Sag Harbor, a Village of 2 square miles, is rich with history. The earliest inhabitants of this area were the Algonquin Indians. They called this place Weg-wag-onuch which was derived from the Algonquin word “Weg-quae-and-auke” meaning “the land or place at the end of the hill.” Sag Harbor, at that time, was made up of hills, streams, meadows and swamps. The neighboring villages called this area Great Meadows.
Sagaponack, south of Sag Harbor, benefited greatly from the convenient location of the “Great Meadows,” with the harbor providing an excellent port from which they could ship their goods. They called the place Sagaponack Harbor or the Harbor of Sagg.
Although records indicate that there was no permanent settlement until the late 1730, Southampton Town records first mention Sag Harbor by name in 1709. East Hampton records, although not calling the place Sag Harbor, recorded that Joseph Stretton was left, by his father, “a share of the piece of meadow that lies nearest Hog Neck (North Haven) in this town’s bounds.” This was in 1698.
Growth in Sag Harbor
The first subdivisions of land took place in 1738 and then again in 1745. From this point on, Sag Harbor grew.
In January of 1846, at two different meetings, the Trustees discussed the incorporation of the Port of Sag Harbor. On January 5th, a committee was formed to draft the new Act of Incorporation. On January 12th, the Trustees passed a resolution to take the necessary action to secure the passage of the Act of Incorporation. On March 26th, 1846, by Chapter 42, Laws of 1846, an act was passed incorporating the Port of Sag Harbor as a village.
From 1760 to 1850, the Village was a thriving whaling port. As a seaport, Sag Harbor had come into her own, and was second only to New York City in importance. It was the first Port of Entry in the State of New York being established one day before the city of New York by an act of Congress passed July 31, 1789 at the second session of the First Congress of the United Sates. When President Washington approved the creation of Sag Harbor as a Port of Entry, the Village had more tons of square-rigged vessels engaged in commerce than New York City.
Firsts of Sag Harbor
The Village of Sag Harbor lays claim to a few other “firsts.” We became the first Village east of Brooklyn to have gaslights in December of 1859. The Village also has the great distinction of having the first Fire Department in the State of New York having been established by Chapter 58 of the Laws of New York of 1803.
Industry in Sag Harbor
With the discovery of gold in California, petroleum in Pennsylvania and a general scarcity of the whale, the whaling industry began to decline around 1850. Although whaling continued for about another twenty years, it was never as prosperous as it was between 1820 and 1850. The villagers, having to devise other means of making a living, turned to industry. Some of the earlier ones were a brass foundry; hat factories; watch making; sugar, cotton and flour mills, bottling; pottery and water works. Later industries included Bulova Watchcase Factory, EW. Bliss Torpedo Company, Agwam Aircraft Products and Grumman Aerospace. Bulova was one of the last industries in Sag Harbor with its departure in 1981. Since then, the Village relies on the tourist trade for a large part of its income.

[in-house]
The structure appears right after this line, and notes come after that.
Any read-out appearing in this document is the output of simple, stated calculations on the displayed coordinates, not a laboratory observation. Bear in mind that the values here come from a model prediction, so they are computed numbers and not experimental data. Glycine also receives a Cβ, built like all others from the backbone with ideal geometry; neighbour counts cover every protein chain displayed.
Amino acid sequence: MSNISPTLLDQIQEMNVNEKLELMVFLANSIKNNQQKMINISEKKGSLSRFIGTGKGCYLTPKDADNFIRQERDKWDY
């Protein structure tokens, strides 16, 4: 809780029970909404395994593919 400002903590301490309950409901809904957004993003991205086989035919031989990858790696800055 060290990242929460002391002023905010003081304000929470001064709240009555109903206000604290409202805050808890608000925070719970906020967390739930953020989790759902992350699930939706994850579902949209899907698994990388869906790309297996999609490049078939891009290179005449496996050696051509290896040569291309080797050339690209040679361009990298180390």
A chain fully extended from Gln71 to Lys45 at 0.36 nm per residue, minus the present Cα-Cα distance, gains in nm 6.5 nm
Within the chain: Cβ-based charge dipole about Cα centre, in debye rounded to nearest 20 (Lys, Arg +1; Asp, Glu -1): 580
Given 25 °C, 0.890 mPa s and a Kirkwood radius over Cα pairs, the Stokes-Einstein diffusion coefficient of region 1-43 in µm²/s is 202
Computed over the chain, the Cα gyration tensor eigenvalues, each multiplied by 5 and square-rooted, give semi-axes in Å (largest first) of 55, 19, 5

Sag Harbor During War
The Village has also contributed to the history of the various wars that were fought on American soil and abroad. The Revolutionary War saw the British set up strong garrisons and naval blockades preventing the Port of Sag Harbor from sending supplies to the American Army. Many of the residents had fled to Connecticut and those that remained suffered tremendous losses as they were robbed, plundered and forced to feed and house the soldiers of the Crown.
On May 21, 1777, Colonel Return Jonathan Meigs, under the command of General Parsons, set off to surprise the British troops in Sag Harbor by making a swift attack and destroying the supplies held by them. This was accomplished in just 25 hours without any casualties to his men. After the close of the war, the majority of those living in exile returned home to pick up the pieces of their shattered lives.
The Village continued to serve its country by sending many young men and women into the service to fight in the various wars throughout history. Today, the Village continues to honor all those who served by placing wreaths at the various war monuments throughout the Village each Memorial Day.
Preserving Sag Harbor's History
We have several active organizations which serve to preserve Sag Harbor’s history, so that those that live here and visit here will always know where Sag Harbor’s place in history belongs.